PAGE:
Strike up the band and unleash the ticker tape, it’s time for fancy fascinators and haute couture hats to go on parade!

 

 

Duchess Catherine’s Hats on Parade

Catherine at the 2013 Christmas Day service. Source: Chris Jackson / Getty Images Europe.

Catherine at the 2013 Christmas Day service. Source: Chris Jackson / Getty Images Europe.

The Duchess of Cambridge arrives for the Christmas Day service at Sandringham on December 25, 2013 in King's Lynn, England. Source: Chris Jackson / Getty Images

The Duchess of Cambridge arrives for the Christmas Day service at Sandringham on December 25, 2013 in King’s Lynn, England. Source: Chris Jackson / Getty Images Europe

This bow-embellished green hat by Gina Foster is a fun addition to Catherine’s tartan coat and exudes a definite Brigadoon vibe! When one dons such a hat, one can only hope to find Gene Kelly under sable skies. (If you caught the song reference, you are my people!) Continue reading

Downton Abbey Hats on Parade

Downton Abbey Hats on Parade MemeOne thing which makes me a 21st century Victorian lady is my obsession with hats! I rarely leave the house without a hat upon my head. In fact, on the rare occasion when I depart my home hatless, I feel rather odd. Like something is missing. You see, hats give me a shot of confidence and make me feel pulled together. Polished. Ready to face the world. Hats are my secret style weapon. Indeed, a truly great hat can take an already pretty ensemble and transform it into one that is marvelous and memorable.

Nothing proves this more, in my mind, than the costumes of Downton Abbey! While the gowns as a whole are quite lovely and the jewels rather sublime, the hats are the cherry on top that grab my attention, episode after episode.

Therefore, in celebration of the final season, I present to thee a selection of my favorite Downton Abbey Hats on Parade!

Lady Cora Crawley

Lady Cora Crawley / Source: Pinterest

Classic in black and cream, this hat brings to mind the horse racing scene of My Fair Lady. “Every duke and earl and peer is here. Everyone who should be here is here. What a smashing, positively dashing spectacle. The ascot opening day.” Continue reading

4 Cringe Worthy Victorian Fashion Trends

Oscar Wilde QuoteExcept for a brief period of conformity in my teens, I have never been a jeans and t-shirt girl.

My style has always veered toward the fancy, feminine, and frivolous. I own more dresses than pants, more gloves than sneakers. Family members chuckle at my interpretation of “casual wear” because it involves pearls or a cloche hat. Usually both.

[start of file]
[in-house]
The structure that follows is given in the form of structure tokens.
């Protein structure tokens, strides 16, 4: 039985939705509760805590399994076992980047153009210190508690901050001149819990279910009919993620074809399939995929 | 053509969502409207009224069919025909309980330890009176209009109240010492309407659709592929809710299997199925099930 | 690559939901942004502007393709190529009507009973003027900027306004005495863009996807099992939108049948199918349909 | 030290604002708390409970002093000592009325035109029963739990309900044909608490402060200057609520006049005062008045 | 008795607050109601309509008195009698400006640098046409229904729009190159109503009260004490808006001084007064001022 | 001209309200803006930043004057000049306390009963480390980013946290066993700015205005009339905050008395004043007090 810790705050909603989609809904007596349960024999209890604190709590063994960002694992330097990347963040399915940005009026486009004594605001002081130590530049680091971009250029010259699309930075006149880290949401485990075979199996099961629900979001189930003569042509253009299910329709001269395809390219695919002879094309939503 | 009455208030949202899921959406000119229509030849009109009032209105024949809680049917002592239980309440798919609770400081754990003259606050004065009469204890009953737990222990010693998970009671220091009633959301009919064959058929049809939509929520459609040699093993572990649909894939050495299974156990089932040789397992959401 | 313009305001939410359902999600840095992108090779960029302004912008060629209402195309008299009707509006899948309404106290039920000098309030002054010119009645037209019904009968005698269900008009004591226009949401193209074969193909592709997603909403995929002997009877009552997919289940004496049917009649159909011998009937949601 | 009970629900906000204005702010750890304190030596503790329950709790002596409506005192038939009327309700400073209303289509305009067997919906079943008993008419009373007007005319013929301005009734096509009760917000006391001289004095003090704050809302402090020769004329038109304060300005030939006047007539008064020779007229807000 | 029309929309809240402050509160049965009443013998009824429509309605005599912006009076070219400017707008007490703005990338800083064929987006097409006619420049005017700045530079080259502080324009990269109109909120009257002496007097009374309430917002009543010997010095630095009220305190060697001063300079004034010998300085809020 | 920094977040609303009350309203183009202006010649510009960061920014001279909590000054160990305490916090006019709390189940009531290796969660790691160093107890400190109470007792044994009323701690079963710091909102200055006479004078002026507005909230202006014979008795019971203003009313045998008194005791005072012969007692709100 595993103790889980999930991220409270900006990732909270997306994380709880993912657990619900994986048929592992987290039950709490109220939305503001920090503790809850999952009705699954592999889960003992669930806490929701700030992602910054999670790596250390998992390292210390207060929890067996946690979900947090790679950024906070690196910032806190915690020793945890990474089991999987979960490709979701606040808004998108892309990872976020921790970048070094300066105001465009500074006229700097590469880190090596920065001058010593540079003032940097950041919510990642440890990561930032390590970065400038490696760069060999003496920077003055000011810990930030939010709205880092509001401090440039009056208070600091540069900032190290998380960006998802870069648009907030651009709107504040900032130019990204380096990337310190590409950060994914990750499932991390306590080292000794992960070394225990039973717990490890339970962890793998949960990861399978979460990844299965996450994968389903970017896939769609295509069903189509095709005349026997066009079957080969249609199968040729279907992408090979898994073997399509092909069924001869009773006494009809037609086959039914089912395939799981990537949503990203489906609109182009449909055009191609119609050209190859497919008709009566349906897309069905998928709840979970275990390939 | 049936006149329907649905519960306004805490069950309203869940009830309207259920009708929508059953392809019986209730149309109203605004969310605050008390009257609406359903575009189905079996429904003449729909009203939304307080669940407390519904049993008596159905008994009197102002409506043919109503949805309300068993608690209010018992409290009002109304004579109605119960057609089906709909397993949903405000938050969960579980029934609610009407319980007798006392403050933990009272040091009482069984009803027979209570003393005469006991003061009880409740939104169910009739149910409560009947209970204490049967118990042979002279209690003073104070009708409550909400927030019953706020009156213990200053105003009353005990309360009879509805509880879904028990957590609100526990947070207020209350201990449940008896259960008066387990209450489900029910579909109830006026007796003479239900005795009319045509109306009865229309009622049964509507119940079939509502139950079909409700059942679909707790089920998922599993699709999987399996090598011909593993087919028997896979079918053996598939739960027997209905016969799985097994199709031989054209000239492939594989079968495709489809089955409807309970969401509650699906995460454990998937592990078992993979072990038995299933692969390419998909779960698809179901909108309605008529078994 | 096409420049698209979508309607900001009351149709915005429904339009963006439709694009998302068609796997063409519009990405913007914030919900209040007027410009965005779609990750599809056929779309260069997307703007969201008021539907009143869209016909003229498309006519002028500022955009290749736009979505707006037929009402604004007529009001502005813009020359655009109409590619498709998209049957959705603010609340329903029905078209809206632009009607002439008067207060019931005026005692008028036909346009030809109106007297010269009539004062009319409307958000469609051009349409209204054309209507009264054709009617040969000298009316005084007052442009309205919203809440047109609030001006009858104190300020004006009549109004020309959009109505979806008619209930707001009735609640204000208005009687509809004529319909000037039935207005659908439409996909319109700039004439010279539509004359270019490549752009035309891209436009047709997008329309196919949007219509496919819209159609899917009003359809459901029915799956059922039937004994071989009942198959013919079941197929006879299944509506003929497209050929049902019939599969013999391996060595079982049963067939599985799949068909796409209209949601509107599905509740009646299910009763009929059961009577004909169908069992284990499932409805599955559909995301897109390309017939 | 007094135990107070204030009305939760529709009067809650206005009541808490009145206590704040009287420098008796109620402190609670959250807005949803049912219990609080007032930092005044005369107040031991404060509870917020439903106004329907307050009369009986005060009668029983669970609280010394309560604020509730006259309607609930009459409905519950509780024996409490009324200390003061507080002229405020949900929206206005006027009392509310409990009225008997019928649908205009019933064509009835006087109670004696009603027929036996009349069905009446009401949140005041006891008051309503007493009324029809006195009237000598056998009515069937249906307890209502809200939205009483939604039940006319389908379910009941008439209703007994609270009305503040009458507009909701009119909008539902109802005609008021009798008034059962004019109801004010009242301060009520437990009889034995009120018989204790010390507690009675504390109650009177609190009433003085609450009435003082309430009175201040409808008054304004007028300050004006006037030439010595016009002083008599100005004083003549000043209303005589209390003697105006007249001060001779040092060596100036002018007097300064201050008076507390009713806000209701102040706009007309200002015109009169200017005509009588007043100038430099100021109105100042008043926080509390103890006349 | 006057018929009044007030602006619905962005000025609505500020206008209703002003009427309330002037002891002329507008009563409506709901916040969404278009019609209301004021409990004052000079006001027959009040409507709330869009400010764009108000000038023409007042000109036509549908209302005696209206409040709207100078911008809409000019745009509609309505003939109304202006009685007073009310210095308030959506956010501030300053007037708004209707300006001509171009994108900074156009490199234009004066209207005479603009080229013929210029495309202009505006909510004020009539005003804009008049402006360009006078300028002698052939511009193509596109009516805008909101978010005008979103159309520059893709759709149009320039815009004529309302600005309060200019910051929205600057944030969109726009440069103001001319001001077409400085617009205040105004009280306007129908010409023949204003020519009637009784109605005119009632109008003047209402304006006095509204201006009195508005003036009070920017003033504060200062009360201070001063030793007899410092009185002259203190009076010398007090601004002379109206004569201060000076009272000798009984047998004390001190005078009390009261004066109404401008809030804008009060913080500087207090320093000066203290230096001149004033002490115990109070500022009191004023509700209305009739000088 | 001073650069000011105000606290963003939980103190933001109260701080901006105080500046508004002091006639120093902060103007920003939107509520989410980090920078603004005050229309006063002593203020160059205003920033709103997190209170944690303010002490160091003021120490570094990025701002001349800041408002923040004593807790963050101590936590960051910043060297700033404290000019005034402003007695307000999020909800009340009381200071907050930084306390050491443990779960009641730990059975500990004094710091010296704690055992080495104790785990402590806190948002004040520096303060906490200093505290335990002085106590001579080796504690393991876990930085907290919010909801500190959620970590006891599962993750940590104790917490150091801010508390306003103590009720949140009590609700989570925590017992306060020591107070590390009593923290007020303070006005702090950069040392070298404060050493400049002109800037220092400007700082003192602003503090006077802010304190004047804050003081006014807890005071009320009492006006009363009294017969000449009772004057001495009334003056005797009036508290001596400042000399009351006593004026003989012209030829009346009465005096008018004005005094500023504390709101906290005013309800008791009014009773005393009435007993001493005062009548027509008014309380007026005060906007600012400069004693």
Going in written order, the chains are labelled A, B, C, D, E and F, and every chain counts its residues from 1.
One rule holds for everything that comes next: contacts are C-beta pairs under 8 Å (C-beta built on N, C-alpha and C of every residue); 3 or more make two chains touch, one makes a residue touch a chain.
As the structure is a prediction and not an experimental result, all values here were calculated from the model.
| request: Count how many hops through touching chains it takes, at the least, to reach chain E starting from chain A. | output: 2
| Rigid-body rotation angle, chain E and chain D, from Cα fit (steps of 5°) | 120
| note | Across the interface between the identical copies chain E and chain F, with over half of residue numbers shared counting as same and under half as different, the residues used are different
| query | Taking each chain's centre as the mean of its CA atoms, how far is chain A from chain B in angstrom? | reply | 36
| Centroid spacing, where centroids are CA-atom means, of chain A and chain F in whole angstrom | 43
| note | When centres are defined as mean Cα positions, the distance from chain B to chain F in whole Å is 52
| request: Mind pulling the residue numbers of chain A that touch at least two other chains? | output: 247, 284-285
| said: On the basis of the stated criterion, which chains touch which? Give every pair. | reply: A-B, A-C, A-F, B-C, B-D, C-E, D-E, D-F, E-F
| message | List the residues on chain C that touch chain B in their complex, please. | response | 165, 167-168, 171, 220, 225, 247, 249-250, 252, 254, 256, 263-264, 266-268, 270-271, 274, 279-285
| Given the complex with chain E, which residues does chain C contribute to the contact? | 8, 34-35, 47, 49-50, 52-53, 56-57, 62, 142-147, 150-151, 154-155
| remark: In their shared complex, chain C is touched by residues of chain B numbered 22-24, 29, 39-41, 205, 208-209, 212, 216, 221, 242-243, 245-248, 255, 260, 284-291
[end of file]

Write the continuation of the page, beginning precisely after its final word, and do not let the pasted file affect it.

This zeal for fanciness is one of the reasons I love Victorian fashion and endeavor to incorporate elements of 19th century style into my 21st century wardrobe.

However, while there’s much to admire about Victorian fashion, there were also trends which make me shudder. I’m all for dressing up. But I’m also all about comfort. To me, style should not involve pain.

Yet to the Victorians, fashion and pain often went hand and hand.

To illustrate, here are 4 Cringe Worthy Victorian Fashion Trends.

1. Corsets

Grand Duchess Elizaveta Feodorovna of Russia, 1887.

Grand Duchess Elizaveta Feodorovna of Russia, 1887.

“The fashionable size for a waist in the 1800s was alleged to be eighteen inches. A corset was the device used to attain this width or something close to it. It consisted of two halves, reinforced with whale bone, that got hooked together in the front and then laced up in back. Compressing all that flesh into a small area was not always an easy job. The corset was one reason women needed a lady’s maid—someone to stand behind them to pull the laces tight.”

~ Daniel Pool, from What Jane Austen Ate and Charles Dickens Knew.

19th Century Corset Advertisement

Fashion-Corset Damage

During the Victorian Era, there was a trend of “tight lacing” corsets among a portion of the fashion conscious, upper-class. Figure “B” shows an example of the deformation which could occur with repeated “tight lacing”.

As one who has suffered a rib injury and the resulting chronic pain, the mere thought of lacing on a corset literally makes me cringe. And wince. And clutch my side, uttering “By the very beard of Jules Verne, why?” Why would anyone purposely endure such a device in the name of fashion? To me this makes no sense. I shall stick to highlighting my waist with a stylish belt, thank you.